With noticeably fewer women than men in this industry, it was really great to see female chefs performing so well at the Antigua Charter Show last December, with Caitlin Kennedy on MY Andiamo and Harriet Mansell on SY Sarissa winning their categories by a country mile.

Being asked to judge the chef’s competition at the show was a privilege for me.   I am used to judging chef’s food nearly every day in our office where we conduct skills tests of the chefs we interview,  however being part of the judging panel of this prestigious competition  took my food critiquing to another level and was definitely a highlight of 2017 for me.

Whilst there are many great things about being a yacht chef, one of the disadvantages of working in a galley compared to a restaurant is that it is hard to benchmark yourself against other chefs to know just how good you are as there is no Michelin or Rosette award system.   That’s why this competition,  alongside the other yacht show chefs’ competitions, is so very important, as it gives a much needed opportunity for a group of talented chefs to showcase their skills and creativity and receive well deserved praise and publicity which is often rare for chefs in this industry.

Knowing how important this competition is for the chefs that enter I took my role as a judge very seriously but I’d be lying if I didn’t say I enjoyed myself  at the same time – let’s face it tasting and critiquing food is a pretty good job and if you love what you do then nothing is too hard!    However, tasting the food was the easy part – judging it was not so easy.  One of the  most challenging parts of judging the food was having to compare the way the chefs interpreted the theme ‘Caribbean Sunday Funday Brunch’.   Every chef had a very different idea of what brunch meant to them and as such we experienced a huge variety in the style, presentation and execution of the theme;  from traditional buffet brunches to carefully plated meals and multiple course tasting menus.  The bread basket also added in another layer of complexity – not just for the chefs but for the judging too as this threw up sweet and savoury options which were  eaten in very different ways, sometimes at the start of the meal (breakfast pastries), sometimes alongside the meal (breads) and sometimes at the end of the meal (sweet cakes and pasties).  And to top it all off, many of the chefs excelled themselves and baked not just one gluten free option but gluten free options for all the breads and pastries they made which was seriously impressive.  All these aspects made it very hard to judge one meal against another as very often we weren’t comparing like for like.     Another challenge for the judges was scoring and judging the “funday” element to the competition.  The ‘fun’ more often than not came from the interior crew and the tablescaping rather than the chef and the food.  Some yachts were definitely more ‘fun’ than others –on one boat (M/Y Three Forks) we had a fully kitted out scuba diver and mermaids ushering us in for our meal  and on two occasions (S/Y Twin & M/Y Hanikon) the judges were given fancy dress and props to get them into the mood which we loved!  What I was surprised by however, is that more chefs didn’t have more ‘fun’ with their food.  I know a few chefs attempted this but I would have expected to see a few more surprises.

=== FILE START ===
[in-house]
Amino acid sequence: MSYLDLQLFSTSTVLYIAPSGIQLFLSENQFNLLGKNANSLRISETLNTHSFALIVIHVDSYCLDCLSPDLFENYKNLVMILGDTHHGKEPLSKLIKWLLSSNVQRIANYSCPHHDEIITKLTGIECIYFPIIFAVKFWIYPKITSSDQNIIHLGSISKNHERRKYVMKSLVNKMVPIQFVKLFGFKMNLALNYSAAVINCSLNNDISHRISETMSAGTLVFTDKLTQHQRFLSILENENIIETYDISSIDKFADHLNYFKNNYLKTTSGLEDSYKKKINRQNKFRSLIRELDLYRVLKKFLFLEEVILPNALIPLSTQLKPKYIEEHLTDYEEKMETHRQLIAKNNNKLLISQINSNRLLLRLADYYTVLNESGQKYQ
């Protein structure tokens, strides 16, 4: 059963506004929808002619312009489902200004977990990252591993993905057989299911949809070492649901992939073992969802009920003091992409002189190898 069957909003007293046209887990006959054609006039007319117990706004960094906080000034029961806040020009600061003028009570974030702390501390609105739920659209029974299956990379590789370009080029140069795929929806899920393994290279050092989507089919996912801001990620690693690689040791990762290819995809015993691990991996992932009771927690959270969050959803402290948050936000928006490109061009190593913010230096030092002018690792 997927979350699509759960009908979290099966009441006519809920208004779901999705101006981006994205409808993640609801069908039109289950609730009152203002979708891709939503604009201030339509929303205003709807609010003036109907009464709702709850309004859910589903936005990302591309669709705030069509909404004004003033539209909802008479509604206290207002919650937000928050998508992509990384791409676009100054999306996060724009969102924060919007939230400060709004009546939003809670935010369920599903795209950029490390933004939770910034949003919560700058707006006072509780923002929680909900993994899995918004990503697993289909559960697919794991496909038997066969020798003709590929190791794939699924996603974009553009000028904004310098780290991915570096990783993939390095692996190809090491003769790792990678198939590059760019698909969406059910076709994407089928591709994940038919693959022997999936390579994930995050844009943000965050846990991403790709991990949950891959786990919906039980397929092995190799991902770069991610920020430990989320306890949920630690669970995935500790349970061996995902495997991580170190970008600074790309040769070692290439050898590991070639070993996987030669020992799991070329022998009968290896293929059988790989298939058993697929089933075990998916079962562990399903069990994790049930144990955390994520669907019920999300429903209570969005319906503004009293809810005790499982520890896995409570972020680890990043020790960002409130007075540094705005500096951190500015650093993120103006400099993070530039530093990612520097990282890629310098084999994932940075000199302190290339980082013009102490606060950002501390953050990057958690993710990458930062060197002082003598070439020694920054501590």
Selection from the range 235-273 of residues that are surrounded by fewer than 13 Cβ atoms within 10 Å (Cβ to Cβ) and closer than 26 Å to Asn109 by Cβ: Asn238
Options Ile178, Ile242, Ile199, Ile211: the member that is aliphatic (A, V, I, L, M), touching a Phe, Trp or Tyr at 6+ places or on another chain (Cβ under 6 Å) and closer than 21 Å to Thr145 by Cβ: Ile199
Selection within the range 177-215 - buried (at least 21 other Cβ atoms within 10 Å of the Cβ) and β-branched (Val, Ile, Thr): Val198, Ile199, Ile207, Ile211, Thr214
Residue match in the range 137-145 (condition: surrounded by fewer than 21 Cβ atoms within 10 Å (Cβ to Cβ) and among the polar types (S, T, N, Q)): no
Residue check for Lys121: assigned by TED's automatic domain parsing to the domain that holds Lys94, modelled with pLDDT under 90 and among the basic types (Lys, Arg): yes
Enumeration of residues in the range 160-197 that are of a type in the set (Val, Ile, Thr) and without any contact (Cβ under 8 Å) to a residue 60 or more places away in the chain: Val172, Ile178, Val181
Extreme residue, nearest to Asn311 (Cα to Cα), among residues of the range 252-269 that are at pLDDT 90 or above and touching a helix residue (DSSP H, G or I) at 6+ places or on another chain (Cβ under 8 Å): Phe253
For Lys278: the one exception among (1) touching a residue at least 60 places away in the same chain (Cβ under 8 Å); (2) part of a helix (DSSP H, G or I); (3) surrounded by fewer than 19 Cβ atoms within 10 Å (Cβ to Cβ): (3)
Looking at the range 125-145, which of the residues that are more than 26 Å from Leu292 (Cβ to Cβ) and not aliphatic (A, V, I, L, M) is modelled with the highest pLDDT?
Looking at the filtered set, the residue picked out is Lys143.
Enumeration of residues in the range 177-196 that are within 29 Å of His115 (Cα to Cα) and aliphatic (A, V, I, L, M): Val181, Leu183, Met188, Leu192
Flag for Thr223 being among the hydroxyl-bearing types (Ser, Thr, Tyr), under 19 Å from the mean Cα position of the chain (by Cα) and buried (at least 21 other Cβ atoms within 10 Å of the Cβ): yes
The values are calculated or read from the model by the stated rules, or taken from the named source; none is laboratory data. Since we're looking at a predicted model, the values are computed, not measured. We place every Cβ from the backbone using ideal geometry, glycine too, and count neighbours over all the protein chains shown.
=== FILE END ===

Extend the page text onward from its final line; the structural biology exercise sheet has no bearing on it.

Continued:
More often than not, the winning meals are the ones that are kept simple with the focus on amazing taste, beautiful presentation and clarity of thought – not overly complicated dishes that have been overthought.   I think a better test of the chef’s skill and a fairer way to judge the competition is to provide the theme closer to the competition date and even better provide a mystery box or stipulate a hero product so everyone has to use more or less the same ingredients.  This way you can truly pit one chef against another and see how creative they can be under pressure with less time to plan and without all the ingredients being flown in from half way across the world in advance!

I know how passionate chefs can be and I think it’s exceptionally brave for any chef to enter a competition where they put their heart and soul on a plate for other’s to criticise –  and for that reason I have the utmost respect for all the chefs that entered the competition regardless of the results and whether they won or not.

Enjoy some of the pics from the show here….

 

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